cols = ['manufacturer', 'model_name', 'category', 'screen_size_inches',
            'screen', 'cpu', 'cpu_manufacturer',  'cpu_speed', 'ram_gb',
            'storage_1_type', 'storage_1_capacity_gb', 'storage_2_type',
            'storage_2_capacity_gb', 'gpu', 'gpu_manufacturer', 'os',
            'os_version', 'weight_kg', 'price_euros']
    
    laptops = laptops[cols]
    laptops.to_csv("laptops_cleaned.csv", index=False)
    

Mission 136 - Data Cleaning Walkthrough

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keyboard_arrow_right See Jupyter notebook walkthrough.
  • In python notebook, don’t use print() to display df, just call the name of this df, it will automatically appears.
  • To combine dataframes together, we need a unique column to be a ID for all df (DBN in this case)
  • Combine 2 df, use pd.concat
  • Copy a column to another one.
  • Use s.apply() to apply a function to all coponents inside a series/pf
  • Convert to numeric pd.to_numeric

Mission 137 - Data Cleaning Walkthrough

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keyboard_arrow_right See Jupyter notebook walkthrough.
  • Split a df into unique groups base all a column: df.groupby(<column>)
  • Use the df.agg() method on the resulting df.groupby object, along with the np.mean() function as an argument, to calculate the average of each group. The result will take the column as indexes
  • Use df.reset_index() to reset the column out of index.
  • Because we are investigating the data in the most recent time, we thus only consider the data in the recent years!
  • pd.merge() to merge dataframes: inner, outer, left and right type of merge: depends on the importance of the data, we will use an appropriate merge method. For example, if we want to keep the data on the left, we use left merge method because if we use the right one, there are many data will be deleted.
  • We can fill in missing data in pandas using the df.fillna() method. Need to assign back to the df.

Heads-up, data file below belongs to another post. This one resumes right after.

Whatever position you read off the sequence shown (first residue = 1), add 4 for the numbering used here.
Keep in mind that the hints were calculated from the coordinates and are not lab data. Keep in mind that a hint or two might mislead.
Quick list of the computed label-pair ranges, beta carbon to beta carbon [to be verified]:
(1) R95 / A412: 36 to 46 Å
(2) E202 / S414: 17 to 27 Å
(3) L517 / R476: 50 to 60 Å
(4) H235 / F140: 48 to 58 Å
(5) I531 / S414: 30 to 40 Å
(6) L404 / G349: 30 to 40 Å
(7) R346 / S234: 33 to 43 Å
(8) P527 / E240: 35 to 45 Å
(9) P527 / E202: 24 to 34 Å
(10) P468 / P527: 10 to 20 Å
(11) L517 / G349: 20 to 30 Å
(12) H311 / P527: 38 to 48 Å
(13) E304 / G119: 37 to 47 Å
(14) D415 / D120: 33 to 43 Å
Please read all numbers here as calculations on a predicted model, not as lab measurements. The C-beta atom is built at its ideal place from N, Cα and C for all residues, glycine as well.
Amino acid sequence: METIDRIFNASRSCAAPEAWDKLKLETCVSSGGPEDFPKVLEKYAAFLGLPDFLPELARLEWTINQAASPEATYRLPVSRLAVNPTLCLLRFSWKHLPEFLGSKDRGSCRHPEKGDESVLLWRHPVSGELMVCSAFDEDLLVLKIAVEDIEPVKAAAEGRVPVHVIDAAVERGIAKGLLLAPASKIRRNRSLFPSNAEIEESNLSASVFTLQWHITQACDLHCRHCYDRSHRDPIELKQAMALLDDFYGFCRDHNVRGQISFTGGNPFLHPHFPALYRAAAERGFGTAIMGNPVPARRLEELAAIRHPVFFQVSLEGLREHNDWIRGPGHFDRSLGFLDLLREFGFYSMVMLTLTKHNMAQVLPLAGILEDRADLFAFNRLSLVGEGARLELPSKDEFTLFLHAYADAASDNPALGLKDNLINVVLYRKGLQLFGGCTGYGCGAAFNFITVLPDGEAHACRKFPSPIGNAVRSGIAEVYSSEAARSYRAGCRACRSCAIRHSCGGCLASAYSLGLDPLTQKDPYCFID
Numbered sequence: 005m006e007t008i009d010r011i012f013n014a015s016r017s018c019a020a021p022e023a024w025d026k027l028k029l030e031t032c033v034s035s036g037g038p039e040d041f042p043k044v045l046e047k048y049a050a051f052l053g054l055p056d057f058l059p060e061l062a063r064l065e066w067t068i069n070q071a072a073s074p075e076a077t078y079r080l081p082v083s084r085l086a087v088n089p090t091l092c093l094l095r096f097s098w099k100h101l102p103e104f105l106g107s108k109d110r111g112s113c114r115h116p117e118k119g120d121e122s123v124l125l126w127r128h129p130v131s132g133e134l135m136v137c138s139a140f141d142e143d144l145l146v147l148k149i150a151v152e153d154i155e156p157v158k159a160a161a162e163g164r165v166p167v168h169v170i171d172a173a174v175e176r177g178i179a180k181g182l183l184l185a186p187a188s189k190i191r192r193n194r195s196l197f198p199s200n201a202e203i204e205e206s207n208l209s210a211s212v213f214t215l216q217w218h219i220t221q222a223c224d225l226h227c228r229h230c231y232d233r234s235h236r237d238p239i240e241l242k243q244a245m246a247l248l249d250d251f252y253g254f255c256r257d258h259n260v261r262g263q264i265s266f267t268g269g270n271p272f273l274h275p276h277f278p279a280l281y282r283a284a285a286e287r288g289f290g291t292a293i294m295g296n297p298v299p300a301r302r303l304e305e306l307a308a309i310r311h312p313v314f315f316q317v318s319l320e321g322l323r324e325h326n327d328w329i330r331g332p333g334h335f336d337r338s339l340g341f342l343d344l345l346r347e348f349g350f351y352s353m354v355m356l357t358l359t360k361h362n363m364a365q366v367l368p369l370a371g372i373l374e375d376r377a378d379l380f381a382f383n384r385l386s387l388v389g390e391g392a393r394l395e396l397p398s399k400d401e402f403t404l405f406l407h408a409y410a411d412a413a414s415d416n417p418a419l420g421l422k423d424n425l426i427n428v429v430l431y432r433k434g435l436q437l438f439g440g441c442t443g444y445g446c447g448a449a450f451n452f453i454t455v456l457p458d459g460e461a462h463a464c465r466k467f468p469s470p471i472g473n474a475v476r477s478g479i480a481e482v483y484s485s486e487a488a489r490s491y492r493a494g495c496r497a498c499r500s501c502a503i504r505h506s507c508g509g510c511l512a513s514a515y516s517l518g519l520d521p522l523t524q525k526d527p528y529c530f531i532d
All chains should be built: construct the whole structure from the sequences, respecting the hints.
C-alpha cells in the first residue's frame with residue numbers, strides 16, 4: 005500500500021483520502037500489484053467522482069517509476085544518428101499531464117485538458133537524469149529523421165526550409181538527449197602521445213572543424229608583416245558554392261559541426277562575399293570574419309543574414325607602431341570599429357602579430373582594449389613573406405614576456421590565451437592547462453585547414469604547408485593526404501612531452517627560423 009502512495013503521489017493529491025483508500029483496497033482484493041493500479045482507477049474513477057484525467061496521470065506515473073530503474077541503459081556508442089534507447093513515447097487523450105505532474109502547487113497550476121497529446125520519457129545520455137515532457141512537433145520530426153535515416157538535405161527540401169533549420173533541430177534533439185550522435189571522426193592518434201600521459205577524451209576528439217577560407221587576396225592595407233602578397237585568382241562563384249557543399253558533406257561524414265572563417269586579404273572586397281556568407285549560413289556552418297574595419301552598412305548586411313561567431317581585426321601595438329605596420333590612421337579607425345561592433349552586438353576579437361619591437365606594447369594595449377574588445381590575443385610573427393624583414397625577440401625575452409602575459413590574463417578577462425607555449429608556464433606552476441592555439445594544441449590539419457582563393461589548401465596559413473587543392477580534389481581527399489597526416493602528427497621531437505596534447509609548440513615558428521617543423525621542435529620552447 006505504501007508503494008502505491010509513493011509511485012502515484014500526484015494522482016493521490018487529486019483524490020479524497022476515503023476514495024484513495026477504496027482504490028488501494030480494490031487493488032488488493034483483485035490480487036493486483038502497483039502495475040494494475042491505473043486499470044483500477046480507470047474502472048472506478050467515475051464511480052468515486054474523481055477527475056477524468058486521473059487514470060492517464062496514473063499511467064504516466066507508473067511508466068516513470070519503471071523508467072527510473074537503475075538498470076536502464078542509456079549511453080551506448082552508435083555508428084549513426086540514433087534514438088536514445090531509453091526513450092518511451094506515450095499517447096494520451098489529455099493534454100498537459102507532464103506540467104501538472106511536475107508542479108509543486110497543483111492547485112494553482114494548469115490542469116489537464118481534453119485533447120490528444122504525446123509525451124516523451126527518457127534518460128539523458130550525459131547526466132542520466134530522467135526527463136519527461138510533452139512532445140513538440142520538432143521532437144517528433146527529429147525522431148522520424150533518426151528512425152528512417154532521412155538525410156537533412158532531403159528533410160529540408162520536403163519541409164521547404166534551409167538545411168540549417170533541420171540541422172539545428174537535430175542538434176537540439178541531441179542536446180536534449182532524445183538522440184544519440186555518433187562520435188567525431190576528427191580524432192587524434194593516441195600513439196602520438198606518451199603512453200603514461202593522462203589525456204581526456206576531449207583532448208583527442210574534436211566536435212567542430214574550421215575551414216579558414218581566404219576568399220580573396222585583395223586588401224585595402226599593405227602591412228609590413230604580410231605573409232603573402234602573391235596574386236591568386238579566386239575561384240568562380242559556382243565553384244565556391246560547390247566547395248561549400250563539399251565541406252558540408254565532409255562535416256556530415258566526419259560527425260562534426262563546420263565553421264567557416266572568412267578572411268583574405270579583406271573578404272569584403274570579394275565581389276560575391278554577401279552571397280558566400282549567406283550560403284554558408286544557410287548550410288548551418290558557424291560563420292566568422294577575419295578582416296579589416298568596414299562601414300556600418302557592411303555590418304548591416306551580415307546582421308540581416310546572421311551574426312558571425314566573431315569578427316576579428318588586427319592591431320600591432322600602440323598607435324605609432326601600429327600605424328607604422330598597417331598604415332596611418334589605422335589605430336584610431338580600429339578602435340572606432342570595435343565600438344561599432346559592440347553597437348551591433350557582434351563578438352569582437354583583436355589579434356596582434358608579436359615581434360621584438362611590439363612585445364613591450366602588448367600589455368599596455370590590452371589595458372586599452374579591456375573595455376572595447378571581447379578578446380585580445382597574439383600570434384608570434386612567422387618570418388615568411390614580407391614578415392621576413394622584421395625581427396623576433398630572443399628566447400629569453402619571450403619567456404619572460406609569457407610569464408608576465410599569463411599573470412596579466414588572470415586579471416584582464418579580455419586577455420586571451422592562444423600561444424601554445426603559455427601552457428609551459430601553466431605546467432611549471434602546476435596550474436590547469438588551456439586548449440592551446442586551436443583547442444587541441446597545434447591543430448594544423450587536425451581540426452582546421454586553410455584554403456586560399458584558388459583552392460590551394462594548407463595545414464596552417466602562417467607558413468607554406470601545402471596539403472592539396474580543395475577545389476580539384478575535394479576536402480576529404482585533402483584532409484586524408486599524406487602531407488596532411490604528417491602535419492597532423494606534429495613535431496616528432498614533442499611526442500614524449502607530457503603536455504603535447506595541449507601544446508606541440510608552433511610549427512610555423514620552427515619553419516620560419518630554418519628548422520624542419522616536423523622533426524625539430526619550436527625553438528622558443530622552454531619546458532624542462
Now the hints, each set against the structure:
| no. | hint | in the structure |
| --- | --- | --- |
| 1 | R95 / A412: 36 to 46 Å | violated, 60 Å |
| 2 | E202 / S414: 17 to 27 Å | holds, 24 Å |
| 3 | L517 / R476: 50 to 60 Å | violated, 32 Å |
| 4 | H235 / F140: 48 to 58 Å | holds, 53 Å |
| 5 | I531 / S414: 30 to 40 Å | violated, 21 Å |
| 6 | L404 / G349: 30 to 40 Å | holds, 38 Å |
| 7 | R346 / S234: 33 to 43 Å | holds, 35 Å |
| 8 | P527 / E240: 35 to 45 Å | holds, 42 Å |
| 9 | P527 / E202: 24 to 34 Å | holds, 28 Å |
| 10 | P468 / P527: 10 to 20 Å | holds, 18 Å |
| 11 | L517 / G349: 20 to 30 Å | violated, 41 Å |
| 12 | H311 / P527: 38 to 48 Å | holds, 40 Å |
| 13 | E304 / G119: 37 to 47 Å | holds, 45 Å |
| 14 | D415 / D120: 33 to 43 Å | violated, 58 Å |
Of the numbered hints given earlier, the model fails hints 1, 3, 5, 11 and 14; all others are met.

• Compute the mean of every column using df.mean(). If we pass the results of the df.mean() method into the df.fillna() method, pandas will fill in the missing values in each column with the mean of that column.

Mission 138 - Data Cleaning Walkthrough: Analyzing and Visualizing the Data

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keyboard_arrow_right See Jupyter notebook walkthrough.
  • R value: Correlations tell us how closely related two columns are. We’ll be using the r value, also called Pearson’s correlation coefficient, which measures how closely two sequences of numbers are correlated. Both are increasing or decreasing or different at the same time!
  • In general, r values above .25 or below -.25 are enough to qualify a correlation as interesting.
  • We can use the pandas df.corr() method to find correlations between columns in a dataframe. The method returns a new dataframe where the index for each column and row is the name of a column in the original data set.
  • Apply plots for a df: df.plot.scatter(x="A", y="B")
  • Using multi conditionals for columns in df, we apply each condition separately instead of using df[df["a"]=="x" and df["b"]=="y"]
  • We learned how to use the Basemap package to create maps in the Visualizing Geographic Data mission. The Basemap package enables us to create high-quality maps, plot points over them, and then draw coastlines and other features.
  • Convert the pandas series containing the latitude and longitude coordinates to lists using the s.tolist() method.
  • Basemap also supports scatter plot

Mission 139 - Guided Project: Analyzing NYC High School Data

keyboard_arrow_right See Jupyter notebook walkthrough.